How do I obtain an inductor from the given transformer in the image? ... So that the inductance of the resulting inductor must be maximum.

Connect the undotted end of one winding to the dotted end of the other.

eg P_{2} to S_{1} (or P_{1} to S_{2}) and use the pair as if they were a single winding.

(As per example in diagram below)

Using just one winding does NOT produce the required maximum inductance result.

The resulting inductance is greater than the sum of the two individual inductances.

Call the resultant inductance L_{t},

- L
_{t} > L_{p}
- L
_{t} > L_{s}
- L
_{t} > (L_{p} + L_{s}) !!! <- this may not be intuitive
- \$ L_t = ( \sqrt{L_p} + \sqrt{L_s}) ^ 2 \$ <- also unlikely to be intuitive.
- \$ \dots = L_p + L_s + 2 \times \sqrt{L_p} \times \sqrt{L_s} \$

Note that **IF** the windings were NOT magnetically linked (eg were on two separate cores) then the two inductances simply add and L_{sepsum} = L_{s} + L_{p}.

What will be the frequency behavior of the resulting inductor? Will it have a good performance at frequencies other than the original transformer was rated to run in.

**"Frequency behavior"** of the final inductor is not a meaningful term without further explanation of what is meant by the question and depends on how the inductor is to be used.

Note that "frequency behavior" is a good term as it can mean more than the normal term "frequency response" in this case.

For example, applying mains voltage to a primary and secondary in series, where the primary is rated for mains voltage use in normal operation will have various implications depending on how the inductor is to be used.Impedance is higher so magnetising current is lower so core is less heavily saturated. Implications then depend on application - so interesting. Will need discussing.

**Connecting the two windings together so that their magnetic fields support each other will give you the maximum inductance.**

When this is done

so the resultant inductance will be greater than the linear sum of the two inductances.

The requirement to get the inductances to add where there 2 or more windings is that the current flows into (or out of) all dotted winding ends at the same time.

**\$ L_{effective} = L_{eff} = (\sqrt{L_p} + \sqrt{L_s})^2 \dots (1) \$**

**Because:**

Where windings are mutually coupled on the same magnetic core so that all turns in either winding are linked by the same magnetic flux then when the windings are connected together they act like a single winding whose number of turns = the sum of the turns in the two windings.

ie \$ N_{total} = N_t = N_p + N_s \dots (2) \$

Now:
L is proportional to turns^2 = \$ N^2 \$

So for constant of proportionality k,

\$ L = k.N^2 \dots (3) \$

So \$ N = \sqrt{\frac{L}{k}} \dots (4) \$

k can be set to 1 for this purpose as we have no exact values for L.

So

From (2) above: \$ N_{total} = N_t = (N_p + N_s) \$

But : \$ N_p = \sqrt{k.L_p} = \sqrt{Lp} \dots (5) \$

And : \$ N_s = \sqrt{k.L_s} = \sqrt{L_s} \dots (6) \$

But \$ L_t = (k.N_p + k.N_s)^2 = (N_p + N_s)^2 \dots (7) \$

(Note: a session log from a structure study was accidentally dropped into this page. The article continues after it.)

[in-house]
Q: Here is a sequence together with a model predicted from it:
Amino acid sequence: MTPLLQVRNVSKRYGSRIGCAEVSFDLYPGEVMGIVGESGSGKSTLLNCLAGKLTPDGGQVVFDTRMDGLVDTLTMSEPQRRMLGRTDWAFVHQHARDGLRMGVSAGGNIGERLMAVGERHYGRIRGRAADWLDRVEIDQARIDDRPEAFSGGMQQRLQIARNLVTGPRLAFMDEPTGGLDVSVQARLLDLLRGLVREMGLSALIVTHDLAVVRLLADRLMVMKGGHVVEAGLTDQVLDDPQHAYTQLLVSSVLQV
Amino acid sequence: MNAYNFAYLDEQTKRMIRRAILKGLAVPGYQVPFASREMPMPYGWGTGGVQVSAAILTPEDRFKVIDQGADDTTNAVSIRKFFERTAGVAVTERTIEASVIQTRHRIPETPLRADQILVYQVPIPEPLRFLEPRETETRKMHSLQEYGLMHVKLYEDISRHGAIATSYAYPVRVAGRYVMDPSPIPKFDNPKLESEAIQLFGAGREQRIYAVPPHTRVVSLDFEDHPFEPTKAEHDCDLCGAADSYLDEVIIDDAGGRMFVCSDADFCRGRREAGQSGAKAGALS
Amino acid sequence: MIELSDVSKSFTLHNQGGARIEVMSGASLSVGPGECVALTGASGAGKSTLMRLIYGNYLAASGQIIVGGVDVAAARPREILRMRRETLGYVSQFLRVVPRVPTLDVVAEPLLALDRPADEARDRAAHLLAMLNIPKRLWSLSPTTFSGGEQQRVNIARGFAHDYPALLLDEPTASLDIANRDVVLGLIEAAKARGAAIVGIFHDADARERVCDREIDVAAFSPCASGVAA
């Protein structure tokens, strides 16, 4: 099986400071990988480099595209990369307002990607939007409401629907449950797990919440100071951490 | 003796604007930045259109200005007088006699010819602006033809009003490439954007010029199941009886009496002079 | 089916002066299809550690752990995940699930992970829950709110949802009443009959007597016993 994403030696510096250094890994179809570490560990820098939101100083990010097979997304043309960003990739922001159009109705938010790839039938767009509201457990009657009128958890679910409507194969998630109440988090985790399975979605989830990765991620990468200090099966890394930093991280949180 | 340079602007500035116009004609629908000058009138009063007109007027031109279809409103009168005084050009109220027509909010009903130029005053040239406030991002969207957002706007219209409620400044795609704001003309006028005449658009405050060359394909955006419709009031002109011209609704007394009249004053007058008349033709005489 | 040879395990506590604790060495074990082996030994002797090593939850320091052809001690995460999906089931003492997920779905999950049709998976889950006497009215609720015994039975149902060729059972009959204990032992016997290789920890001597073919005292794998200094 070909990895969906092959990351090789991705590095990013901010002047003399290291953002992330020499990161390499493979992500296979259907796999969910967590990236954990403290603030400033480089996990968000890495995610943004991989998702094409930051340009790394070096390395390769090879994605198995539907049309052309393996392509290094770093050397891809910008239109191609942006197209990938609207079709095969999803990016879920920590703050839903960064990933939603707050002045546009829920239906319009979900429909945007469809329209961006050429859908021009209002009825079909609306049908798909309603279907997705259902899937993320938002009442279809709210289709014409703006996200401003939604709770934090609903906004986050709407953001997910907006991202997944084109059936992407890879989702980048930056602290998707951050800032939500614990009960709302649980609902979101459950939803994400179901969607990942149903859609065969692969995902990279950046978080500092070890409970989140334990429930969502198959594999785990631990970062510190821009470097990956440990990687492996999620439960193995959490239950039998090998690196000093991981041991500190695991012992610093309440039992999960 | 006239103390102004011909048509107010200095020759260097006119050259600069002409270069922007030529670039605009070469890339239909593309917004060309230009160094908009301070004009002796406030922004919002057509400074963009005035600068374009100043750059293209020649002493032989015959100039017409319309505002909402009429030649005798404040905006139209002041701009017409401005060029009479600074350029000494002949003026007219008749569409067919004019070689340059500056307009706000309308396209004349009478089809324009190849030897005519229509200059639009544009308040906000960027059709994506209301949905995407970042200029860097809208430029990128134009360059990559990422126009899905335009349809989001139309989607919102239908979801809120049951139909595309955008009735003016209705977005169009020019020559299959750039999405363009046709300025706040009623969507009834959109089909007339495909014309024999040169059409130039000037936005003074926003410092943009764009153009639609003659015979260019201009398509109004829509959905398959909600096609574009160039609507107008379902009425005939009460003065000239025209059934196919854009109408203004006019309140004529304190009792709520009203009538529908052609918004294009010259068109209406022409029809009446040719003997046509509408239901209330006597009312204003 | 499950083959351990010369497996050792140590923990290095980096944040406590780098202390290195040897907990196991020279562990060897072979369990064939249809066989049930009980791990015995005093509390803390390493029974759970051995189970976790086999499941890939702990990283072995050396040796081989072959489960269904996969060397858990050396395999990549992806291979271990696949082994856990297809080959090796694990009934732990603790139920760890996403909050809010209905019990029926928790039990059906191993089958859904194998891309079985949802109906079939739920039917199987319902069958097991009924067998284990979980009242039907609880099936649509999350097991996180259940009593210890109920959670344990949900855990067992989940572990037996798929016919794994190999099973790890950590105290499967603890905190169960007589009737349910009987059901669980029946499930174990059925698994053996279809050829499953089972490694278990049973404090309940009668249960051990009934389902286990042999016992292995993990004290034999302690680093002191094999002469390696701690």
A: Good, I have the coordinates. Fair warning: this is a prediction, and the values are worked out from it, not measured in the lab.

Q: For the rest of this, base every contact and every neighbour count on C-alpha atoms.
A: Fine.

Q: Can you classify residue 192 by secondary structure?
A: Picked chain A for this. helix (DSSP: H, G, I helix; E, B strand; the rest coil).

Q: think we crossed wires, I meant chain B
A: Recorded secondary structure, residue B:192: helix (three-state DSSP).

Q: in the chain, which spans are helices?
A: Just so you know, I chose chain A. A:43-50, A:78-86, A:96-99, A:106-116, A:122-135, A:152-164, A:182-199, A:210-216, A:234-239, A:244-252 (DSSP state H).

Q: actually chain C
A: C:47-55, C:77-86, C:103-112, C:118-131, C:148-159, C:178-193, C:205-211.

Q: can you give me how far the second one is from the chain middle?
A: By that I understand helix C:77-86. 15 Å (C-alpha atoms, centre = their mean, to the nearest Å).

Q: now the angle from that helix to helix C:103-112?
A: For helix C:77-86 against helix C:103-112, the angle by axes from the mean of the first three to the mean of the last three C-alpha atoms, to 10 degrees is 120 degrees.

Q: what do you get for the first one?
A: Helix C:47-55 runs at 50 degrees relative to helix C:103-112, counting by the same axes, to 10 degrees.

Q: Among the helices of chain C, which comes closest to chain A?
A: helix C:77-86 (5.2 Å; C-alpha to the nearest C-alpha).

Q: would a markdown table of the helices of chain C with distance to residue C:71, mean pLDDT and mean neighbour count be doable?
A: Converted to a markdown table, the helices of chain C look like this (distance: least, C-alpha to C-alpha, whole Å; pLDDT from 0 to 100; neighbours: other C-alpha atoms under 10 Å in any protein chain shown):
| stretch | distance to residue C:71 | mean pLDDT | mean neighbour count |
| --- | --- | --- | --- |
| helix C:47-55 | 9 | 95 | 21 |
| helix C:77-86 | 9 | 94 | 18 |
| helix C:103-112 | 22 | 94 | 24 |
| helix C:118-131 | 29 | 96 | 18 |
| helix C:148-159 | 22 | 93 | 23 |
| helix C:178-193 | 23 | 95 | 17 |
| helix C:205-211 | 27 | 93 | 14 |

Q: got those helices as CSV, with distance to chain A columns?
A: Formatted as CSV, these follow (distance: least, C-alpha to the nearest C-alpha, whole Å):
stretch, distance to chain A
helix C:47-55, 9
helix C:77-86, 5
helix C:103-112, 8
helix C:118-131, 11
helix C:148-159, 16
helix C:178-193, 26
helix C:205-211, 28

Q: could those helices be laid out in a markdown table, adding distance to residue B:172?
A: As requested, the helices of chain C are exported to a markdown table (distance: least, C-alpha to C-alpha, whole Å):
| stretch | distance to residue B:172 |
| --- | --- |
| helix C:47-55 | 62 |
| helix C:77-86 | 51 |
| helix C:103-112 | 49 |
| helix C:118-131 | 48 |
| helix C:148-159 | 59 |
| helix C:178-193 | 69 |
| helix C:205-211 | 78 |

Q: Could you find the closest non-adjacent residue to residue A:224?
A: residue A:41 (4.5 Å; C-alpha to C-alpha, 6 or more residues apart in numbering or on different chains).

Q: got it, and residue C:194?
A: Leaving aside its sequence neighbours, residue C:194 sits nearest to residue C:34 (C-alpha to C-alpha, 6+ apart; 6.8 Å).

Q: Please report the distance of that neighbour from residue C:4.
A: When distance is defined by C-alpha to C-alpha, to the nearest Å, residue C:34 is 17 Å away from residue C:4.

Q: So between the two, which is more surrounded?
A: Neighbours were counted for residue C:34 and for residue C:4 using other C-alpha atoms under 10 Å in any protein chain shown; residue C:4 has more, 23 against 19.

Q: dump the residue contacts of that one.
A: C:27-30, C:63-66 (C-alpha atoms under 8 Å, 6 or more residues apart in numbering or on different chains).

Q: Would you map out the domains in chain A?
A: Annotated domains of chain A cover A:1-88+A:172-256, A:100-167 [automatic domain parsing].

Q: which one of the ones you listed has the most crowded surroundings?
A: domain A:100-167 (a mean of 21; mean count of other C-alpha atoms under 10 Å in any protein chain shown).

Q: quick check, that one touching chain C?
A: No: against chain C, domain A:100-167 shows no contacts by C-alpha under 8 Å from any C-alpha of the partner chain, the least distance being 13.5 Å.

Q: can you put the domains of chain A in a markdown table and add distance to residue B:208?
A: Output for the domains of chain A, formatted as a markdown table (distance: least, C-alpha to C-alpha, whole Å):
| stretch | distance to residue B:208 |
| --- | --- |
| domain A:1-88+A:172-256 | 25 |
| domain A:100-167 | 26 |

So

\$ \mathbf{L_t = (\sqrt{L_p} + \sqrt{L_s})^2} \dots (8) \$

Which expands to: \$ L_t = L_p + L_s + 2 \times \sqrt{L_p} \times \sqrt{L_s} \$

**In words:**

The inductance of the two windings in series is the square of the sum of the square roots of their individual inductances.

L_{m} is not relevant to this calculation as a separate value - it is part of the above workings and is the effective gain from crosslinking the two magnetic fields.

[[Unlike Ghost Busters - In this case you are allowed to cross the beams.]].

Apparently, there is only one "leakage inductance" at one side in the
figure above.

No, that is incorrect.

Every winding in a transformer does not couple 100% to each other winding and that is a fact. If some piece of text suggests that the leakage inductance is only attributable to one winding then that piece of text is at best misleading and, at worst blatantly wrong.

However, from the perspective of someone wishing to know how well two windings may couple then a single entity of leakage (a composite of both leakages) can be used to express that.

As for your 2nd question, you CANNOT short the secondary at the point you wish. This IS impossible - you can't take the equivalent circuit of the transformer and hack at it like that. The leakage measured is the composite leakage and this can be broken down into two components by using the turns ratio squared but even that is only an approximation; the magnetization inductance will alter the accuracy of this method slightly but, for all practical purposes, this method yields fairly accurate results.

## Best Answer

Shorting one winding and measuring the other gives you the

leakage inductance, which is a result of imperfect coupling between the two windings, and is a function of the physical construction of the transformer.Depending on your needs, it can have a practical application - zero voltage switching full-bridge converters often use the leakage inductance of the transformer to assist with the ZVS transitioning of the primary MOSFETs - but in general, transformers are designed to minimize this parameter by a variety of means (winding interleaving, etc.)